Some fifty outstanding works from the Academia Carrara in Bergamo will be on view in the Brussels Centre for fine Arts, where they can be compared and contrasted with fifteen masterpieces from the Royal Museum of Fine Arts Antwerp (KMSKA)

San Donato Milanese, 10 February 2011 – A bridge between Venetian and Flemish art, anticipated since the fifteenth century; Europe united by commercial and creative trade; symbiosis between economic and aesthetic vitality. This is the focus of the Venetian and Flemish Masters exhibition in the Bozar in Brussels, in which Eni is the main partner following the success of the From Van Dyck to Bellotto - magnificenceat the courtof Savoy exhibitionof 2009. The exhibition brings together masterpieces from the Accademia Carrara in Bergamo (currently closed for renovation) and the Royal Museum of Fine Arts Antwerp (KMSKA). It demonstrates the interdependency of the Flemish and Venetian schools, illustrating four centuries of contact and influence between two schools of painting, which greatly helped to shape Western art and to develop a European identity in its early form. Giovanni Bellini came across the works of Rogier van der Weyden and vice versa; Peter Paul Rubens is known to have studied the works of Titian ad Veronese. This diffusion of works and collections would have been impossible without the fruitful maritime, commercial, and political trading between the North and the South.

The Republic of Venice had maintained regular and often contact with Flanders over the centuries, unlike other Italian territories that had a more immediate and temporary influence. In the 15th century, Flemish and Venetian painters influenced each other equally, but their paths then become divergent with the artists of Flanders, who turned more and more to references to Rome and the pictorial tradition of that city only to then rediscover in the 17th century, with Rubens, the art of the Venetian school.

The Venetian and Flemish Masters exhibition, presented in four sections, takes the spectator through four key centuries of European painting (from the 15th  to the 18th century) and illustrates the many points of contact and mutual influences involved in the relations between Brussels, Bruges, Antwerp and Venice in terms of training and emulation. In the fifteenth century, with the rise of portrait and devotional painting, the works of Giovanni Bellini and Pisanello will be compared with those of other masters such as Rogier Van der Weyden. The sixteenth century, with landscapes and devotional works, will compare the works of Titian, Veronese and Palma il Vecchio with those of their Flemish colleagues; the seventeenth, characterised by images of the sacred and the profane, includes paintings by Rubens, Padovanino and Tiepolo. Finally, the eighteenth century compares the ”Vedutismo’ by Canaletto, Francesco Guardi and Pietro Longhi with the landscape paintings of the northern European artists.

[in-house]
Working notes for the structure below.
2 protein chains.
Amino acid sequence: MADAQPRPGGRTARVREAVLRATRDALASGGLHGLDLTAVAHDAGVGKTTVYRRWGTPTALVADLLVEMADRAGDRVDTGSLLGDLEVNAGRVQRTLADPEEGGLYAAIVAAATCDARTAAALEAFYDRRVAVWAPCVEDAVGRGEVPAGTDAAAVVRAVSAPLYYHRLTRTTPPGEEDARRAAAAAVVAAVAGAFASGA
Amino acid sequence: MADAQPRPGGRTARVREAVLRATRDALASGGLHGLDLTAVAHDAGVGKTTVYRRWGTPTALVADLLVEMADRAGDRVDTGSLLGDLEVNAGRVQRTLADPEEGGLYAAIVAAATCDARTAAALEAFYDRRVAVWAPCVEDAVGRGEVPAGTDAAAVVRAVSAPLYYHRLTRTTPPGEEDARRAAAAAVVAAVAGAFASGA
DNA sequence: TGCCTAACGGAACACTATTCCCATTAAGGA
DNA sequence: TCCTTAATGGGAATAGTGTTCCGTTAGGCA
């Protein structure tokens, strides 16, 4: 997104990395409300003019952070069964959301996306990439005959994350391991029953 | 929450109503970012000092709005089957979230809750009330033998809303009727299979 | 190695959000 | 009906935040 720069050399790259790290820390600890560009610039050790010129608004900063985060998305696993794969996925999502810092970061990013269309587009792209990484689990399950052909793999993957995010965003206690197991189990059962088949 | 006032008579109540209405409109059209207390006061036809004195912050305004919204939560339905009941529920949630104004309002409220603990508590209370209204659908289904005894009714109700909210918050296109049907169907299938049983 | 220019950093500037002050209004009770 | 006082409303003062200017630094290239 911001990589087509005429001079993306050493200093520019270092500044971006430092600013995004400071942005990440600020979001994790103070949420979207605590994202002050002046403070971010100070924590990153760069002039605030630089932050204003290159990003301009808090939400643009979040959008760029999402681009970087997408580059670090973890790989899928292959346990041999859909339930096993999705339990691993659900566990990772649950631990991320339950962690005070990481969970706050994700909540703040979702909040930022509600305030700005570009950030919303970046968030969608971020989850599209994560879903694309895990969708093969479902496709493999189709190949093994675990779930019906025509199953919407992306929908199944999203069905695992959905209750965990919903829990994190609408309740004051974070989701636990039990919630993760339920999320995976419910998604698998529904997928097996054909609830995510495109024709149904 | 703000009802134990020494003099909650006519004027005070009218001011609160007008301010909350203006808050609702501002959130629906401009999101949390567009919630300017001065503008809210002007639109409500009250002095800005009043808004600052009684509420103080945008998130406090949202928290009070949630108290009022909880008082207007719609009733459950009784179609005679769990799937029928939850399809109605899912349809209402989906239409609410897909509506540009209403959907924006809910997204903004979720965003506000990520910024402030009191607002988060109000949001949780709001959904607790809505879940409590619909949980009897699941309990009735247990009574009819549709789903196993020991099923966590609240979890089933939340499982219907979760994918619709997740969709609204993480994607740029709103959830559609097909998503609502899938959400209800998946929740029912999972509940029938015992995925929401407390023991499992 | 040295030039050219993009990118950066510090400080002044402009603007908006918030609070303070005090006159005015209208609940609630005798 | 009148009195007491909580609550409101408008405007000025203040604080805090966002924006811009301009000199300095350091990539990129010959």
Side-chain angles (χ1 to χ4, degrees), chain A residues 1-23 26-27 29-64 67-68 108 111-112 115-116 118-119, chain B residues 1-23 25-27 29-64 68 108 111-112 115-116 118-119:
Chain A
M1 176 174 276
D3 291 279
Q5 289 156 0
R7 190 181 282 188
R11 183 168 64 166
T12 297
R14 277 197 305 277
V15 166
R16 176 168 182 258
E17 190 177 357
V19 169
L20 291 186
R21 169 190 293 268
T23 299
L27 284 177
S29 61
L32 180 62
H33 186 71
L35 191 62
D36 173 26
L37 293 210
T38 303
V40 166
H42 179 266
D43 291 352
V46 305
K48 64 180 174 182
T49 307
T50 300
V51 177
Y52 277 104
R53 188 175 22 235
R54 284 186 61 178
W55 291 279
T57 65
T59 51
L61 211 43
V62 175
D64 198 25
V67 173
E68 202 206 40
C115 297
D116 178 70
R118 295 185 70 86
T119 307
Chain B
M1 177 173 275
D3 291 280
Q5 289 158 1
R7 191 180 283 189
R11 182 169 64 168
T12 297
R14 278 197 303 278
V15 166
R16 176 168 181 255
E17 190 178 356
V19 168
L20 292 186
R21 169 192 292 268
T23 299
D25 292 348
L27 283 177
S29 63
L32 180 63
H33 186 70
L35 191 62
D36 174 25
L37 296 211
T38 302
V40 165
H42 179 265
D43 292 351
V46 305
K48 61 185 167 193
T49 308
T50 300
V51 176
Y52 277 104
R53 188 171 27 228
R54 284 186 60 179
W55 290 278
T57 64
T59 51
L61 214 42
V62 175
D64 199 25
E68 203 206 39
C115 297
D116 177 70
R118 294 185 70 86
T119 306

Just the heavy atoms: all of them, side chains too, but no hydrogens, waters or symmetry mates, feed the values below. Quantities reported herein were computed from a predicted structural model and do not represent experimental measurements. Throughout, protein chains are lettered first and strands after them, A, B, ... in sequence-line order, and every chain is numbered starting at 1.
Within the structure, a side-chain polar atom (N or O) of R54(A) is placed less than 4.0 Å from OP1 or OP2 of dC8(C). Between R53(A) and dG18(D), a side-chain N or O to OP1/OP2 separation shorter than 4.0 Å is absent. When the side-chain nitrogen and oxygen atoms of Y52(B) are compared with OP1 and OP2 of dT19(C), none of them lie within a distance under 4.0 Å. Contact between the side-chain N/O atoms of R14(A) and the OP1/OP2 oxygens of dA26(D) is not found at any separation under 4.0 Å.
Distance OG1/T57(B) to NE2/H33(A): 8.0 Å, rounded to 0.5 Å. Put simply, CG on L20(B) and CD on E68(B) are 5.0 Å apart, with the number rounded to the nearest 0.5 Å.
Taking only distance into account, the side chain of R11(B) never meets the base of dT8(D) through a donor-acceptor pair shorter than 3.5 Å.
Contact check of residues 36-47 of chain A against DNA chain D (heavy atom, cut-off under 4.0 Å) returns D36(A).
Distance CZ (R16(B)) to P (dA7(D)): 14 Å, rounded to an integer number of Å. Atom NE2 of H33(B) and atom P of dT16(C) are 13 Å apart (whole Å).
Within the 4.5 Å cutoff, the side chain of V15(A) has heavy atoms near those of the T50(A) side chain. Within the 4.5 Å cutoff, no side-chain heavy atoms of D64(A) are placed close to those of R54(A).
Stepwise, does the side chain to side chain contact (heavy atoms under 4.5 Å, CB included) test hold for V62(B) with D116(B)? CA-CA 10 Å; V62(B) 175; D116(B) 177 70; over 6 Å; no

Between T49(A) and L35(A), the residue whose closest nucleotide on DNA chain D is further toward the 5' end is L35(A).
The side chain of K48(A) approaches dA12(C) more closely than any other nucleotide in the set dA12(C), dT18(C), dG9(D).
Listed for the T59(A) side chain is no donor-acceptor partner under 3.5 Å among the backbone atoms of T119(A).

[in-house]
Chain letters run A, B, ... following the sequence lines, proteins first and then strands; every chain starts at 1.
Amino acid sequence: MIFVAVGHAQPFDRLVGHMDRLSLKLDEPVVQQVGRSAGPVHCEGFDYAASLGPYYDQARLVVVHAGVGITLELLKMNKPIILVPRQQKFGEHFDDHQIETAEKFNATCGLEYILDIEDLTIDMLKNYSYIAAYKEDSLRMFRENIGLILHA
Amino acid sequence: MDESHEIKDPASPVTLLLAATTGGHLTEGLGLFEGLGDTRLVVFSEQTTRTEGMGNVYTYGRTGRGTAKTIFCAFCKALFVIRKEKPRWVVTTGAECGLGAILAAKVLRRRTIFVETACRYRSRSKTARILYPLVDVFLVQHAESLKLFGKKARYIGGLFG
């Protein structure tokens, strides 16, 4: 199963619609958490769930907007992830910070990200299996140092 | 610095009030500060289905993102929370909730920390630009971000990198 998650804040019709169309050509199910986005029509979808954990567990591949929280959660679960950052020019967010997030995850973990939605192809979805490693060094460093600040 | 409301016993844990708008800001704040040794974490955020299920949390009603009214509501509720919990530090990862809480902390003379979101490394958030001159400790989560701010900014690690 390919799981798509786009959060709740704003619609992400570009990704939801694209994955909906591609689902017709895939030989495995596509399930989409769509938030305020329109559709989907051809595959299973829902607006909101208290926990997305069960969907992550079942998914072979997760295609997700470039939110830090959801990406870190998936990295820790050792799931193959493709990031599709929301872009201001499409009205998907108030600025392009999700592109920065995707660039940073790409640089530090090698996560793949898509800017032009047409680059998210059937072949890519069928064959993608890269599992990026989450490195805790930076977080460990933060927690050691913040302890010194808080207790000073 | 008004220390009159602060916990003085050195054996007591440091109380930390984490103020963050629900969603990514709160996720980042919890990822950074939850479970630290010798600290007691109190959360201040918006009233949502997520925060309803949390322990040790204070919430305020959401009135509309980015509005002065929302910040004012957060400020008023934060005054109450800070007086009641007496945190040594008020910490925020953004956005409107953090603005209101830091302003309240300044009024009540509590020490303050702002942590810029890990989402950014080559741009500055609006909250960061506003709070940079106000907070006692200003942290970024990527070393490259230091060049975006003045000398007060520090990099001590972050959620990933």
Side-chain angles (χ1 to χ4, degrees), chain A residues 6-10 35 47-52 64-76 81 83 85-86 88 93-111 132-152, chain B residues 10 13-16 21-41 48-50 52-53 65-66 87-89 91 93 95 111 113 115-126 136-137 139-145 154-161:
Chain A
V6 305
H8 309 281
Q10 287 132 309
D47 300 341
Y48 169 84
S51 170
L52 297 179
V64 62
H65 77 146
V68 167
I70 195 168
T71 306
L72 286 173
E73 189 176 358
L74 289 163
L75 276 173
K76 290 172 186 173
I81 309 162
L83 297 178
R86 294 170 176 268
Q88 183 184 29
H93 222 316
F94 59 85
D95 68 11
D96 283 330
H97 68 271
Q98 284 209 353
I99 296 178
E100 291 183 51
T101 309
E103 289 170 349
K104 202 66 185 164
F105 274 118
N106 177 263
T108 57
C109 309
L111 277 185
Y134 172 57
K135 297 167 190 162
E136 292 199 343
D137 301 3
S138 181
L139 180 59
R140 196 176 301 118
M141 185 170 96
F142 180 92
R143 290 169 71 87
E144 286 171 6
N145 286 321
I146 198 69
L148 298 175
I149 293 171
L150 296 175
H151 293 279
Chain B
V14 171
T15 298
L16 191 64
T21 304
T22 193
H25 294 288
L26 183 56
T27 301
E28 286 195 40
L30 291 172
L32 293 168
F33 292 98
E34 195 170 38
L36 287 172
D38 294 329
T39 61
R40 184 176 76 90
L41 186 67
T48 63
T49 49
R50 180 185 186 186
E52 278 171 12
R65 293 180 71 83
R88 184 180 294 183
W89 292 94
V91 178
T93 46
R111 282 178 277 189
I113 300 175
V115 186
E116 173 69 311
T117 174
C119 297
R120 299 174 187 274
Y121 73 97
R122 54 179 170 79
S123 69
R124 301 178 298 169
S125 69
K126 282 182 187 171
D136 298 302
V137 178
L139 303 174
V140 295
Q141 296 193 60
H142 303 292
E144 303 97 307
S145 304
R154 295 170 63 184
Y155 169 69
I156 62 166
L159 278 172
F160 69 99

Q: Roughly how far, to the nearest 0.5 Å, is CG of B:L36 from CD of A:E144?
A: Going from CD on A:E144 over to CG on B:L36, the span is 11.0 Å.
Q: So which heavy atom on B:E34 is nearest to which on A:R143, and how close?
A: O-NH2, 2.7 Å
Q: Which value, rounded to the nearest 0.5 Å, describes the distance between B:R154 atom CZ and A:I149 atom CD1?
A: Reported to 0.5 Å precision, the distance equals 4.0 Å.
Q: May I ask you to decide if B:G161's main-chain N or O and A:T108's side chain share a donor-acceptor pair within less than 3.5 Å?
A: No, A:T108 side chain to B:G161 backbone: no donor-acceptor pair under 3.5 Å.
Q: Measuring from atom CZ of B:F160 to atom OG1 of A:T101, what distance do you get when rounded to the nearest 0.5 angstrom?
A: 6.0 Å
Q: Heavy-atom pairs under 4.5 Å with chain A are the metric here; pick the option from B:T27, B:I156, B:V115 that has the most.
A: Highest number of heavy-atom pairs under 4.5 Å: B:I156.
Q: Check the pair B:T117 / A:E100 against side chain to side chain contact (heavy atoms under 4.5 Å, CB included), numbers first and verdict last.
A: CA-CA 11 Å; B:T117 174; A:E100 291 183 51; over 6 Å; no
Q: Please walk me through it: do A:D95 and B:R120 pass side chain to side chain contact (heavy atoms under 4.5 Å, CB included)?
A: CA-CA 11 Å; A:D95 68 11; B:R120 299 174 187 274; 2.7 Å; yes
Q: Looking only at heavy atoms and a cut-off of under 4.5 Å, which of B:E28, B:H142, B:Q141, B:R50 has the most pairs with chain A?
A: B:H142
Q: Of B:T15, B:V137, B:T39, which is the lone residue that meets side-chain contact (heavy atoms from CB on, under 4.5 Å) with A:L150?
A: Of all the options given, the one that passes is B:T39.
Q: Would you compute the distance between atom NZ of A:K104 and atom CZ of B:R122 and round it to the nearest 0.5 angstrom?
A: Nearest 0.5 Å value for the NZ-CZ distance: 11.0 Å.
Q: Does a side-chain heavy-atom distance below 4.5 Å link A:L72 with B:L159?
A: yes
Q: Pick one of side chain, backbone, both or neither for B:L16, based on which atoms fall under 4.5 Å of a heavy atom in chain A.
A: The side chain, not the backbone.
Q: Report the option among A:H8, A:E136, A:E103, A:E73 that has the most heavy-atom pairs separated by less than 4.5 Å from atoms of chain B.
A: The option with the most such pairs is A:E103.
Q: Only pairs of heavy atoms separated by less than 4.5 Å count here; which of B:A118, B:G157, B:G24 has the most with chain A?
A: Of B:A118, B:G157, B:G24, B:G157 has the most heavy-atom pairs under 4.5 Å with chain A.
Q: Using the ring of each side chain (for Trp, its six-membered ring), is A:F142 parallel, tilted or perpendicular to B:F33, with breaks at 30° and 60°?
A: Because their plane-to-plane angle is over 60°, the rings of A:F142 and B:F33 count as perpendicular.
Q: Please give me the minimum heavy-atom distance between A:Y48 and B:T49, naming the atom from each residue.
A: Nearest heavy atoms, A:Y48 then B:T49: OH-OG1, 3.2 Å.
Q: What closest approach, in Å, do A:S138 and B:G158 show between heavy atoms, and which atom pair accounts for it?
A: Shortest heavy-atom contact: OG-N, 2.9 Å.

Eni’s cultural sensitivities and support, in 2010 alone, have been crucial in the realisation of some of the most important art events in Italy and Europe. Among these are the exhibition of Titian’s masterpiece Donna allo Specchio/Femme au Miroir (Palazzo Marino, Milan, which received over 190,000 visitors) and the exhibition, Antiquity rediscovered. Innovation and Resistance in the 18th century. Held in the Louvre (which receives considerable support from Eni), it traces the emergence of Neoclassicism, the result of Europe rediscovering its artistic heritage.

Through the “Culture of energy, energy of culture‘ initiative, Eni is retracing the steps of its founder Enrico Mattei. Values such as innovation, culture, sustainability, efficiency and partnership are in Eni's DNA.

Eni is present in Belgium with a Liaison Office in the European Union offices, created to handle its relations with the EU, Polimeri Europa, Saipem and Distrigas (acquired in 2008), which has been an important player for 75 years in Belgium’s gas market and sells gas in Belgium to industries, local gas distributors and electricity producers.

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